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Hugh Hilson with Johnson Brothers Wine at Brad McCorkle’s Conoco store. McCorkle’s business has  increased with the legalization of liquor.
Daily photo by Jonathan Palmer
Hugh Hilson with Johnson Brothers Wine at Brad McCorkle’s Conoco store. McCorkle’s business has increased with the legalization of liquor.

Wet-dry
replay in Athens

What voters want to know before repeal election

By Holly Hollman
hhollman@decaturdaily.com · 340-2445

ATHENS — Staying wet and paying more sales tax are the issues that will bring Athens and Limestone County voters to the polls on Aug. 14.

City voters will decide whether to repeal alcohol sales in the city limits and also whether to raise the sales tax by 1 percent, up to 9 percent, with the additional money going to city and county schools.

County voters will vote only on whether to raise the sales tax by 1 percent, up to 7 percent, for the school systems.

Athens voted wet in September 2003.

The Daily gave voters an opportunity to submit their questions and have them answered in the newspaper.

This article addresses the alcohol questions. Sunday’s Daily addressed the tax questions.

Your questions and the answers

On what projects has the Athens City Council spent alcohol revenue, and how much did the projects cost?

A roof for Athens-Limestone Public Library, $6,000; and paving Shannon, Suffield and Beaty streets, $42,000.

How much do alcohol sales bring in each year?

Sales tax on items cannot be separated, but sales and use taxes overall increased 9.5 percent from fiscal 2003 to fiscal 2004. Athens started selling alcohol in December 2003.

The average annual revenue from alcohol tax is $500,000.

How much do schools get in alcohol revenue?

The city splits the $500,000 with the Athens City Board of Education, so each entity keeps $250,000 a year.

City and county schools also receive sales tax revenue, but how much of that is attributed to alcohol is unknown.

According to Athens City Schools Finance Director Barry Hamilton, the school system has received about $240,000 from the alcohol tax, plus the growth in sales-tax revenue, since alcohol sales began.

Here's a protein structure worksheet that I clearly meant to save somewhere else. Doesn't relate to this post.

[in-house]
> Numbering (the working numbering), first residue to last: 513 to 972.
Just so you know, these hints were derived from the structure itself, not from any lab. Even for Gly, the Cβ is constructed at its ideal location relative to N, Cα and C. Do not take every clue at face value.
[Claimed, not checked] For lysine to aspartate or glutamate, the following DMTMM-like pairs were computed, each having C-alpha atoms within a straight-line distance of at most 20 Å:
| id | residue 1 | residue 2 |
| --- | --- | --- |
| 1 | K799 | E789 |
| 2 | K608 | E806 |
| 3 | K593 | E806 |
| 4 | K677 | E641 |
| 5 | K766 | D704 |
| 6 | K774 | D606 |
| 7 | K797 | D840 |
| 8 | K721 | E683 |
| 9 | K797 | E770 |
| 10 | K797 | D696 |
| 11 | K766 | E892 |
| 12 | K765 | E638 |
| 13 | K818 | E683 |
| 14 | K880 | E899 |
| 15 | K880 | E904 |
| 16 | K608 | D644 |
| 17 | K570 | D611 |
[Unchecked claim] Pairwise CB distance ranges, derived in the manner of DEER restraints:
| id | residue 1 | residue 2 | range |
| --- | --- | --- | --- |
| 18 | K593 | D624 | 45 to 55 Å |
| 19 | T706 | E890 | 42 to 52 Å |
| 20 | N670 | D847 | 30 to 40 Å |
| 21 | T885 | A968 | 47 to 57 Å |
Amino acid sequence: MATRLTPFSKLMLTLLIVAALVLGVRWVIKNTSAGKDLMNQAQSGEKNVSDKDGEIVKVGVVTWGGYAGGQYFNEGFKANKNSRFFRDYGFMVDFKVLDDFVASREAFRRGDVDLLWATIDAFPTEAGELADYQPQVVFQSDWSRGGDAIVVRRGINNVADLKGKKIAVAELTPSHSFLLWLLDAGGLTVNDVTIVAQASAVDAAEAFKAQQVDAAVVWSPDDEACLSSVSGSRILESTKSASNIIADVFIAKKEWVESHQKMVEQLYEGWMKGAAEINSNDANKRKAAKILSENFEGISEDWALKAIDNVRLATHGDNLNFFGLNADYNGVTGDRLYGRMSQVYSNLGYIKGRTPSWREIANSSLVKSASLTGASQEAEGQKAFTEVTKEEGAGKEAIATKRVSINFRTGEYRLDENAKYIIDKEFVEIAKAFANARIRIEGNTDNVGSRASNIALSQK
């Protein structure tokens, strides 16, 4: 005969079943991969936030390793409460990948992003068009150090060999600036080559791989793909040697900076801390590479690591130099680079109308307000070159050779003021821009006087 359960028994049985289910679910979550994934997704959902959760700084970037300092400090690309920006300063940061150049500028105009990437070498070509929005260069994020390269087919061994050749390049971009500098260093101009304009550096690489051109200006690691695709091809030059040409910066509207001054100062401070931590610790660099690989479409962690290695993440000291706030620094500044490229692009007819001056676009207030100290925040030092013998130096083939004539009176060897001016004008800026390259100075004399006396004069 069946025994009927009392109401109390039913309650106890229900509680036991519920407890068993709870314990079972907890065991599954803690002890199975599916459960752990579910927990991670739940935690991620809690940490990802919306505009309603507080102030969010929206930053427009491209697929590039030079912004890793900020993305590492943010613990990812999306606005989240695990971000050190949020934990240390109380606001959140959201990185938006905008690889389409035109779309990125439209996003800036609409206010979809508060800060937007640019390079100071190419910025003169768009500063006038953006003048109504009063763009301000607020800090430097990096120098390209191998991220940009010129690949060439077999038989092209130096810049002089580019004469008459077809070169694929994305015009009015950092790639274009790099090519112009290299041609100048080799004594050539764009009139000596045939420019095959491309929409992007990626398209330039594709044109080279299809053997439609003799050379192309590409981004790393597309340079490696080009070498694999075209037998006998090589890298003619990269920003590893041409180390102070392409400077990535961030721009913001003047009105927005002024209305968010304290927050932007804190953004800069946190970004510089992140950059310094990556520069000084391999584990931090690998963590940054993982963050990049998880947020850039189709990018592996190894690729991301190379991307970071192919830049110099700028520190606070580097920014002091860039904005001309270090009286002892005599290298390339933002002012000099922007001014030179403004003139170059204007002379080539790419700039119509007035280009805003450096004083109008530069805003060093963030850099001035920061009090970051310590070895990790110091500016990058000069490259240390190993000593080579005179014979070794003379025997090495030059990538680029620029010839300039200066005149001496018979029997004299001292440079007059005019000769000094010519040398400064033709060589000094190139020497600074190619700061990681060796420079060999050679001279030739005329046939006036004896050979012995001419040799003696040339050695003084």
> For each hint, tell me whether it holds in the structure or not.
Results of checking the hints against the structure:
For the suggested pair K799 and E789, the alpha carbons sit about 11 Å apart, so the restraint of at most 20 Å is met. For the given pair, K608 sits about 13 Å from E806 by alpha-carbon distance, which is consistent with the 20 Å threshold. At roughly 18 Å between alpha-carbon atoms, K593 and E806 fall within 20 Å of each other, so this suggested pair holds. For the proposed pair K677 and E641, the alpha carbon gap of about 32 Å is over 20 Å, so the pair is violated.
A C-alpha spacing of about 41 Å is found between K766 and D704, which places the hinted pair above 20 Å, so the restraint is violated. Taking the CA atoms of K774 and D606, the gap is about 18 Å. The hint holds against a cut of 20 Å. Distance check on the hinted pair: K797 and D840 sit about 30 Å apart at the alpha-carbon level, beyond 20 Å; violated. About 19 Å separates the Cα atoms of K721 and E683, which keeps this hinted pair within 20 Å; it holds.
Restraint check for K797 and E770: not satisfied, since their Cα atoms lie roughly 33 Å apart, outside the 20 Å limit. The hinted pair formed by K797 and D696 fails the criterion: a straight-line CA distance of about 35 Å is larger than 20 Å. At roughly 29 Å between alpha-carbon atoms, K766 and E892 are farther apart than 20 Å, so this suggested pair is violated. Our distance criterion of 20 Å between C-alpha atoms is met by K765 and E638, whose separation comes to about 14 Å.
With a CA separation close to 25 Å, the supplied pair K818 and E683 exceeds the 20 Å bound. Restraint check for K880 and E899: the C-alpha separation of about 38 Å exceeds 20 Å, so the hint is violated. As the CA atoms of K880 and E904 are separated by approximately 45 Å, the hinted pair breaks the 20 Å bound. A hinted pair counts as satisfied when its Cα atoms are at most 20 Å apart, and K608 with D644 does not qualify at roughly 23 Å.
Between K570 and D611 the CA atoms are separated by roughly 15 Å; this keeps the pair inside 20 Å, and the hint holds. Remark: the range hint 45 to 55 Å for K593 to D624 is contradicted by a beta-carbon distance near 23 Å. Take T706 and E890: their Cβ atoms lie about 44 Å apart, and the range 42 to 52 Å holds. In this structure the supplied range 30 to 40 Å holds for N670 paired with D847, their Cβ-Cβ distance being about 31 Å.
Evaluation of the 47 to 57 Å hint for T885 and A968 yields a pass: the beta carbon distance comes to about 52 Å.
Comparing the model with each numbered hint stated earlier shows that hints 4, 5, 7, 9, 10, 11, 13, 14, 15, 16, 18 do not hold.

What services, if any, would the council have to cut if sales are repealed, and does the council support alcohol sales?

The mayor and all council members support keeping revenue from alcohol sales.

“Personally, my wife and I have not spent 1 cent on alcohol since legal sales began in the city,” Mayor Dan Williams said. “But I do support legal sales.”

Williams said the city has not incorporated the alcohol tax and licensing revenue into the General Fund but has set it aside in an account for capital needs, such as road work. It has a balance of approximately $600,000. The city does not plan to spend that money until it accumulates enough to spend the interest for capital needs, he said.

Williams said the city should not have to cut services/allocations from the General Fund, but there would be some loss of future sales tax.

Councilman Ronnie Marks said the council is already planning its fiscal 2008 budget, and it would be wise to predict a 5 percent reduction in revenue if voters repeal alcohol sales. Last year’s budget was $19.4 million, and a 5 percent cut from that would be a $900,000 loss.

“It will be difficult to keep the same level of services without additional revenue,” he said.

What programs, if any, would the schools have to cut?

Hamilton said its allocation from the alcohol tax funds the Alabama Reading Initiative and additional locally funded teachers.

Limestone County Superintendent Barry Carroll said county schools will not be noticeably impacted.

Does this vote require a simple majority?

Yes. One more dry vote than wet votes would repeal alcohol sales.

Would the churches be willing to pay their fair share of taxes to make up for the loss in revenue?

Eddie Gooch, minister at Isom’s Chapel United Methodist Church and leader of the anti-alcohol movement, said, “For many years, since the Lord gave us his church, a lot of churches and Christians have freely given money to the poor and less fortunate. It probably hasn’t been enough, and probably never will be enough, but we will continue to do what we can for the needy.”

How many DUIs and other alcohol-related crimes have we had since the city went wet?

DUI arrests have fluctuated. In 2000, for example, there were 413 arrests. That dropped to 279 arrests in 2001, when Athens was still dry. The arrest numbers stayed below 300 after Athens went wet until the total jumped to 319 in 2006.

Public intoxication arrest totals also have fluctuated. Police arrested 136 for PI in 2000, but that number dropped to 83 in 2001. After Athens went wet, the numbers have increased from 82 people in 2004 to 102 in 2005 and to 133 in 2006.

In the meantime, city and county populations have increased. Athens’ population in 2000 was 18,967, according to the U.S. Census Bureau. Athens’ 2006 population was 21,851, according to bureau estimates. Also according to bureau statistics, Limestone County’s population has grown from 65,676 in 2000 to an estimated 72,446 in 2006.

In the know for the vote

  • Friday is the last day to register and be eligible to vote on these two issues.

  • Aug. 9 is the last day to apply for absentee ballots. Go to Circuit Court Clerk Charles Page’s office in the courthouse.

  • Polls will be open Aug. 14 from 7 a.m. to 7 p.m.

  • Spectators can watch the returns at the Clinton Street Courthouse Annex.

    Holly Hollman

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